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Liquefied Natural-Gas Project Gets Cold Shoulder from Lawmakers, Christie

Environmentalists argue that Port Ambrose facility, located 20 miles off Monmouth Beach, would not serve New Jersey

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In a small victory for environmentalists, the U.S. Coast Guard and federal Marine Administration have put a hold on a controversial project to build a liquefied natural-gas terminal off the Jersey coast.

The Liberty Natural Gas project generated enormous opposition during hearings on the proposal from conservationists, lawmakers, and Gov. Chris Christie, who vetoed another version of the project four years ago.

In refusing to act on the latest version of the initiative, federal authorities said in a letter issued earlier this month that they still lack information necessary to complete the final environmental impact statement and determine the project’s financial viability.

While the project still may go forward, critics of the proposal welcomed the delay. “From our perspective, we have them on the run,’’ said Cindy Zipf, executive director of Clean Ocean Action. “It’s clear we have Liberty Natural Gas on the run, but the fight is not over and we will continue to fight until the ship has officially sunk.’’

According to the company’s website, the LNG terminal, dubbed Port Ambrose, would be built more than 20 miles off Monmouth Beach and about 19 miles off Long Beach, Long Island. The port would be built offshore and serviced by custom LNG tankers that would convert the gas to a liquid state and then pump it ashore.

The project is the latest one envisioned by energy companies to tap into cheap natural gas supplies found in the Marcellus Shale formations in Pennsylvania and other states. Environmentalists fear the facility would export the fuel internationally, raising costs to consumers here who have benefitted from lower natural gas prices.

Liberty Natural Gas did not respond to a call for a comment on the decision. No exports will take place from the facility, according to the company’s website.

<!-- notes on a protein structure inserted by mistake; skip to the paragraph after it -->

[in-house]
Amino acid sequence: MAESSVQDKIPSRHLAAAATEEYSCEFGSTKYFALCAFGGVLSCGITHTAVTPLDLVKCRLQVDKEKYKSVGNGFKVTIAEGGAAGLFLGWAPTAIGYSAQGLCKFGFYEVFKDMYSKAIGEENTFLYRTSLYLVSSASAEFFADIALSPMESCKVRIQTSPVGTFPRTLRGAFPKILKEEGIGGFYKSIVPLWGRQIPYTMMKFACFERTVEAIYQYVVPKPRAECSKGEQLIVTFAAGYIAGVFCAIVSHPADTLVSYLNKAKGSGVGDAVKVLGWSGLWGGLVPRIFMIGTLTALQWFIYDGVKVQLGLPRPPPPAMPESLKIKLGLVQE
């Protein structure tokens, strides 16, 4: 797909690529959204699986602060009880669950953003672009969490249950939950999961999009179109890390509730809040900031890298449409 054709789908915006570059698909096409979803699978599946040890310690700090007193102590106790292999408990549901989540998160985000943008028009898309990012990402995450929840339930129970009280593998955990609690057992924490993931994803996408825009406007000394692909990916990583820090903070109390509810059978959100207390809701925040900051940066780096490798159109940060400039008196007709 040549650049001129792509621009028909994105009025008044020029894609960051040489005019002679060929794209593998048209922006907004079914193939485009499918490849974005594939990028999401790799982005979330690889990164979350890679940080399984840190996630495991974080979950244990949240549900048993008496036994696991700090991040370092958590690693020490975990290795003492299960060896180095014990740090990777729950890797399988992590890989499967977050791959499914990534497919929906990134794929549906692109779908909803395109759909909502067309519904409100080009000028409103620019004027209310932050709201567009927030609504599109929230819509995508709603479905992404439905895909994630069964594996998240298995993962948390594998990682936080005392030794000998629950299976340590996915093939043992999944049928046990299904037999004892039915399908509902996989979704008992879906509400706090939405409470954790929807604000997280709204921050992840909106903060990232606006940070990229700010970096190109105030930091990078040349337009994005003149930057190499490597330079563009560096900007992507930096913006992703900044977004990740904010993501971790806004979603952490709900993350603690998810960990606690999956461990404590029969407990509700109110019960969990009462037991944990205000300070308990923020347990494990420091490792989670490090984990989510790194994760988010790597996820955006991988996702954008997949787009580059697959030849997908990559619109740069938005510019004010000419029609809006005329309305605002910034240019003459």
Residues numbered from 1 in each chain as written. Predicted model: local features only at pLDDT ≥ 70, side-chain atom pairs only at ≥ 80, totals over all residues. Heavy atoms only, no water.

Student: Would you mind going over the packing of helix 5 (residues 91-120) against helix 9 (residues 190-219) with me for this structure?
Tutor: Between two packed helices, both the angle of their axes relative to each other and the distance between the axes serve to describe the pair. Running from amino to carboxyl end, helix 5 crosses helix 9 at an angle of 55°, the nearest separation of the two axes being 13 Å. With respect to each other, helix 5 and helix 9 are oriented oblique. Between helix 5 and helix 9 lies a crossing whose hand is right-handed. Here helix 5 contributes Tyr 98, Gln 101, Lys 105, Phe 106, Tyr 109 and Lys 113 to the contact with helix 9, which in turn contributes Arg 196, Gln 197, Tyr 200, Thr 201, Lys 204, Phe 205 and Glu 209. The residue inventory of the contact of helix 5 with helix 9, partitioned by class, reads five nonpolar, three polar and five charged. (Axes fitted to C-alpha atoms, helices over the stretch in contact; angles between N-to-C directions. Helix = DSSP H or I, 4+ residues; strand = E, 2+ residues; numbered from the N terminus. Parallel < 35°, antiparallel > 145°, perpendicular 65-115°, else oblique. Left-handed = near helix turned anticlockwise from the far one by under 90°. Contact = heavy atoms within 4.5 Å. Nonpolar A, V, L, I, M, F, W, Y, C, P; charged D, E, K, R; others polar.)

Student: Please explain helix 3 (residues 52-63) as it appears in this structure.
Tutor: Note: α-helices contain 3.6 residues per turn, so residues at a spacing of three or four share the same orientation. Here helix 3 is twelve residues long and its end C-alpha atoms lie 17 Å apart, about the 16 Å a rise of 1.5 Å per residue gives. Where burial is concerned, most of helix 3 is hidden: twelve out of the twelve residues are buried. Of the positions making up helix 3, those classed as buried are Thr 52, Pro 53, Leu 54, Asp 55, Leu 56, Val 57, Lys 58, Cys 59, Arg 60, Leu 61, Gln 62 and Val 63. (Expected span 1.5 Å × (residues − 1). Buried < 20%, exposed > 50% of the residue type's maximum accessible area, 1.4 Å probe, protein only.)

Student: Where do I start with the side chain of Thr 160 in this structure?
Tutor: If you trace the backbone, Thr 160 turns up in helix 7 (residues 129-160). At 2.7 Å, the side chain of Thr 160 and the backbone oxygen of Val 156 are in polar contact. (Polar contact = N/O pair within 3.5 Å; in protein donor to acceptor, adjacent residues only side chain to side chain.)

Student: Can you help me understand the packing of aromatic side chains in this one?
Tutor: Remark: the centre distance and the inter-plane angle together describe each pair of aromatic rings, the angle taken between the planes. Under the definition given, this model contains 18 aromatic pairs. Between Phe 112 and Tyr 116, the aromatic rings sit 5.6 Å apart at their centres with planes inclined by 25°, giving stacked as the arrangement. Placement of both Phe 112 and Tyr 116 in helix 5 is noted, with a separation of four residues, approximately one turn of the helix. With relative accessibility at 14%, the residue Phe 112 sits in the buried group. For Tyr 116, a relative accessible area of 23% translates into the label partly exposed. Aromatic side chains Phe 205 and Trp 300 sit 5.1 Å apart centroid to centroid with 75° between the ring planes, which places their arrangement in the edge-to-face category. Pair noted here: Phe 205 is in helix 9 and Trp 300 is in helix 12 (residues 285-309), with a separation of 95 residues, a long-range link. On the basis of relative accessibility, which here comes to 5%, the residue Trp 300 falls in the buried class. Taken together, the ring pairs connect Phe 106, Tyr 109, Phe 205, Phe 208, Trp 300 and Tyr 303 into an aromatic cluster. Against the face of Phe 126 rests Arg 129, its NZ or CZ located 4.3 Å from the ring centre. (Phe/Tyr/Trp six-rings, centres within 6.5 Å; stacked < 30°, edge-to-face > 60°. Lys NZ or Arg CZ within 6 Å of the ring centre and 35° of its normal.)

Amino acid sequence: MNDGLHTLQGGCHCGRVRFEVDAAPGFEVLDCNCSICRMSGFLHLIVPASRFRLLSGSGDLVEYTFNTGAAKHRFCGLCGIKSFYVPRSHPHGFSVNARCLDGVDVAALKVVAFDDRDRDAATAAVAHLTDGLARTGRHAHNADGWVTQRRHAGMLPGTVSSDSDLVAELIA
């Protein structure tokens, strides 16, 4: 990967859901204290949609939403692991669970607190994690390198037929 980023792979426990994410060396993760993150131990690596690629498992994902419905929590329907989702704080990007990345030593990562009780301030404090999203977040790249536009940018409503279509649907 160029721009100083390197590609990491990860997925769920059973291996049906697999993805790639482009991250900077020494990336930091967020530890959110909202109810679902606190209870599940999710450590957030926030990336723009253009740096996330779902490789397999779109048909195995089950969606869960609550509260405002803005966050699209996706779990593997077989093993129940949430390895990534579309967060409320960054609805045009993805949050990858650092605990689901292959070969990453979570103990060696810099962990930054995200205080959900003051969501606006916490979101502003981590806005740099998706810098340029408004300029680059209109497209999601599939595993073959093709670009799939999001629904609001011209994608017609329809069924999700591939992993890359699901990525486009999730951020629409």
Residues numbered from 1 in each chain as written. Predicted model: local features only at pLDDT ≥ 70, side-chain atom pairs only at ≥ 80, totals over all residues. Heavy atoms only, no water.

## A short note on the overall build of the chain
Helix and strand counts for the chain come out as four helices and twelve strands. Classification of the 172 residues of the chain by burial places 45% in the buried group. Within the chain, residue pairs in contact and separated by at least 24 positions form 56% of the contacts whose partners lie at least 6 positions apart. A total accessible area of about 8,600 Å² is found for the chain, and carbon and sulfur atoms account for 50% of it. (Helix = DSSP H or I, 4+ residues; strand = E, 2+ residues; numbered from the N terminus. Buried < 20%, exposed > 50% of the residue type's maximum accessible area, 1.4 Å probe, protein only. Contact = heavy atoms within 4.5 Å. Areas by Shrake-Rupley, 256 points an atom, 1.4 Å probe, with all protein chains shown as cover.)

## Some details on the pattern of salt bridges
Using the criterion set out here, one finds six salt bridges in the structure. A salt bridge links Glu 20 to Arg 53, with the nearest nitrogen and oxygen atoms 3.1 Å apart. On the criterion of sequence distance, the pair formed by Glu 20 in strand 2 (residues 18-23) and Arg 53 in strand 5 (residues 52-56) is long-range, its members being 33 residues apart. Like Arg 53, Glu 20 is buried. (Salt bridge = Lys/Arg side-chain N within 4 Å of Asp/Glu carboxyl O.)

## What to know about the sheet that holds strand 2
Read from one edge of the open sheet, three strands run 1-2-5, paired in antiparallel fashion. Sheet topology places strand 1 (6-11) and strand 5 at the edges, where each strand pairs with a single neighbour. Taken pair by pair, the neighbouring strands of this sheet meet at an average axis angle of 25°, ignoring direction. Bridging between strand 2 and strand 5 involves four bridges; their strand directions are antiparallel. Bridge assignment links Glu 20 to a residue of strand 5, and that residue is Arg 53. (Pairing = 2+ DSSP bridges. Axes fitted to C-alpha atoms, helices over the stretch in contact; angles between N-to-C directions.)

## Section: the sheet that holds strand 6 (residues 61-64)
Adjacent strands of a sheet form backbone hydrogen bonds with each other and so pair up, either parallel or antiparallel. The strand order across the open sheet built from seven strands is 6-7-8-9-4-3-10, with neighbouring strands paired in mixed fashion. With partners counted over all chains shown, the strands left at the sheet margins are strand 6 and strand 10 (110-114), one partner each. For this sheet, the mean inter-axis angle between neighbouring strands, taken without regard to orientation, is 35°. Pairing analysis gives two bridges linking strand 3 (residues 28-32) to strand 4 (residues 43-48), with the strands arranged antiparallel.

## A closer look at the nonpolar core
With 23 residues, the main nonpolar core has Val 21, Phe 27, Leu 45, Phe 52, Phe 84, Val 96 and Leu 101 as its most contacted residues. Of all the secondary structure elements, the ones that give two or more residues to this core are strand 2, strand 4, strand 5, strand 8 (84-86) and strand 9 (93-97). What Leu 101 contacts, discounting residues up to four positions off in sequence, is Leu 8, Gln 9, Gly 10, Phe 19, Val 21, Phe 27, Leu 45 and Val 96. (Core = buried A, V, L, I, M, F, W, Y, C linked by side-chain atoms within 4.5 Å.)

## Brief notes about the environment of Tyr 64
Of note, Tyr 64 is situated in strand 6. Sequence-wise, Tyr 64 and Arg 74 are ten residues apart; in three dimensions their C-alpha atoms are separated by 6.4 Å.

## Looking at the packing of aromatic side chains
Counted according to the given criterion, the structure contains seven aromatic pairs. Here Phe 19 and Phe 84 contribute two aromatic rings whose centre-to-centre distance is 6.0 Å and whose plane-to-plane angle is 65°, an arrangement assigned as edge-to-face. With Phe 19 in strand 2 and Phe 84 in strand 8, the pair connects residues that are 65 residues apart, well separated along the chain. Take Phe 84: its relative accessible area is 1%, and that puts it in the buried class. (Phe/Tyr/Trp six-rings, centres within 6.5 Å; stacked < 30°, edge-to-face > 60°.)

But the website also notes that New York is currently the fourth-largest state in the country when it comes to natural gas. But because it is at the end of the pipeline built to transport the fuel from western Canada and the Gulf of Mexico, its consumers and businesses pay more than most other customers.

To Zipf, however, those arguments demonstrate that the project will have no benefits to New Jersey consumers. “The pipeline delivers gas to Long Island,’’ she said.

Other environmentalists also welcomed the decision.

“Any time the Coast Guard, which I think would rubber stamp it, if they hold it up it’s a victory,’’ said Jeff Tittel, director of the New Jersey Sierra Club.

The proposal is one of more than a dozen natural-gas terminals under consideration by federal authorities around the country. They all face stiff opposition from local authorities. Zipf claimed not a single elected official in either New Jersey or New York has publicly supported the proposal. More than 60,000 people in opposition to the plan submitted comments to federal authorities, she said.

When and if the environmental impact statement is completed and a final public hearing is held, the governors of both states can veto the project, impose new conditions, or approve the proposal.

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